A Smoker, A Diabetic, And An Asthmatic Walk Into A Bar…
When it comes to health insurance, there are certain factors we can control--and certain ones we can’t.
What can we do about our genetics and our lifestyle choices that will insure we get the best health insurance for our buck?
How Pre-Existing Conditions Affect Health Insurance
A pre-existing condition is a medical condition that existed before a health plan was in place. These conditions can include diabetes, asthma, cancer, and the like. Whether or not these diseases are congenital does not affect how the pre-existing condition is treated in the underwriting world.
Underwriting is the process of analyzing and taking on risk. In insurance, your application and medical records are examined by an individual underwriter, who compares you to a large pool of applicants. This helps them to determine how much your risk is “balanced” by the circumstances of others in the pool. Age, health conditions, weight, and even gender affect the balance. For example, a female is generally reviewed as a preferred risk over a male-- because statistically females live longer.
Within health insurance, anything besides Obamacare will typically make you wait 1-2 years before receiving any type of coverage regarding that pre-existing condition--IF they accept the pre-existing condition in the first place.
Lifestyle Changes And When They’ll Take Affect
Unlike pre-existing conditions, the factors you can control--for example, any nicotine habits or how much you weigh--can work out in your favor.
But how much change is needed to affect your risk level, and when will any changes in lifestyle take effect?
Say you want to kick nicotine and you’re already covered. On average, you’re paying $50-$60 more per month for your coverage than would a non-smoker. You can submit a change in your status, but only after you’ve been off of nicotine products for one full year.
Or, say weight is a factor. For all its flaws, underwriters still use the BMI to determine whether someone is overweight. Taking a look at the BMI index will help you determine what category you fall into. Keep in mind that the BMI is largely unisex and does not take into account the difference between fat, muscle, and bone. While some underwriters take this in strides, it’s not guaranteed.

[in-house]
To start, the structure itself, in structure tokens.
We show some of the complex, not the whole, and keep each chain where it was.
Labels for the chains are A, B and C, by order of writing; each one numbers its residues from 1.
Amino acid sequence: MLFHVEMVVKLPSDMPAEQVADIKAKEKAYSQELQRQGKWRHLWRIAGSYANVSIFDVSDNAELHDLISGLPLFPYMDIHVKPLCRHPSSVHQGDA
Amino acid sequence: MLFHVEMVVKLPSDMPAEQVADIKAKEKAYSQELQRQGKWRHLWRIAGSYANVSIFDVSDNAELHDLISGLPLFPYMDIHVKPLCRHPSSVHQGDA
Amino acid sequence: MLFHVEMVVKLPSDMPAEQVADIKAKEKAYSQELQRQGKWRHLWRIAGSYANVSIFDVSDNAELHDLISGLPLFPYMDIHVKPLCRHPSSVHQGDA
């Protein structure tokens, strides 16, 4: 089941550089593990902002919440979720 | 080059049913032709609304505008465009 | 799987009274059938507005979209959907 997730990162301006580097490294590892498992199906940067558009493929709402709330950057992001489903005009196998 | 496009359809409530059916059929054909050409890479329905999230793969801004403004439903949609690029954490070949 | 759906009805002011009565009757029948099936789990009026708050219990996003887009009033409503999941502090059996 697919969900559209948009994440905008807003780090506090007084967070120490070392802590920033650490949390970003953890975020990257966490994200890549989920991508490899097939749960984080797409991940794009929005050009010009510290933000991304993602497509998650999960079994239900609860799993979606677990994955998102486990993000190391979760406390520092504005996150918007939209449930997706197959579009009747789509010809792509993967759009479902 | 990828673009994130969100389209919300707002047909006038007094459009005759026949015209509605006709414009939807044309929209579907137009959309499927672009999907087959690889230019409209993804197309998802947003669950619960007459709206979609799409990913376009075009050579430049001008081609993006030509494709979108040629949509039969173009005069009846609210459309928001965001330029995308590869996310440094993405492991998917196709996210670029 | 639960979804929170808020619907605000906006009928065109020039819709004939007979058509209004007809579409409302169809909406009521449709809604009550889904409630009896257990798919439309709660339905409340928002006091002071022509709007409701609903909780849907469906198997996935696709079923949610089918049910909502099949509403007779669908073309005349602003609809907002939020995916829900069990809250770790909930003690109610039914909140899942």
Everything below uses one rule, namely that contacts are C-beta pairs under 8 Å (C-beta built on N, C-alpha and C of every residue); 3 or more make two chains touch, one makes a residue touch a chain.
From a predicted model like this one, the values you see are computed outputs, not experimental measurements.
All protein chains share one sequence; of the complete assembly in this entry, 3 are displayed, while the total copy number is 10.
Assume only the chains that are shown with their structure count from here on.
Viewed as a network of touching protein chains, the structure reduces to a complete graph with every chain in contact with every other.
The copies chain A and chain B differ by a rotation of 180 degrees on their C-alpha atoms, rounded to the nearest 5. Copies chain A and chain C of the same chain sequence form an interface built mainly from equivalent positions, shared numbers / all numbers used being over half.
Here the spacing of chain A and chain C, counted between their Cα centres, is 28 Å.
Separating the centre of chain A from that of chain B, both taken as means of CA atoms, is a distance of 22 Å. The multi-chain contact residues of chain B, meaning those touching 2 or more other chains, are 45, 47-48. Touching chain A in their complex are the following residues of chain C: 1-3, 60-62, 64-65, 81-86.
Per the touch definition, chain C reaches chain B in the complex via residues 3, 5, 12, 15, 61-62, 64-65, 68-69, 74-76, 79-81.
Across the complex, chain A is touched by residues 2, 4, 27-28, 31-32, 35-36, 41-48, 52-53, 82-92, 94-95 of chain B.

So, let’s say you’d like to lose some weight and bring down your premium. Your first 10 pounds account for the largest change in premium, and anything more than 10 pounds will only be credited by half--unless you’ve kept off that weight for more than a year.
Take a look at it this way:
Peter weighed 300 lbs when he first had his health insurance plan. In the past six months, he’s lost 80 lbs.
But what the insurer takes into account is this:
300 - 10 lbs - 35 lbs (or half of 70, the amount of weight lost after 10 lbs) = 255
So, even though Peter technically weighs 220 lbs, the insurer will treat him like he weighs 255 lbs.
Happily, Peter is able to keep off this weight for a full year, and is then credited as 220 lbs and his premium is adjusted accordingly. The insurer, again, makes this decision based on statistics. Many people who lose weight gain it back within a short period of time, so the insurer will mitigate risk by making sure any new habits have at least a one-year shelf life.
Need A Quote?
One of the things you can control today is whether or not you request a free health insurance quote.
We’ll find out where you’re at right now and where you can be, premium-wise. And yes, we have options for you outside of Open Enrollment.
What are you waiting for?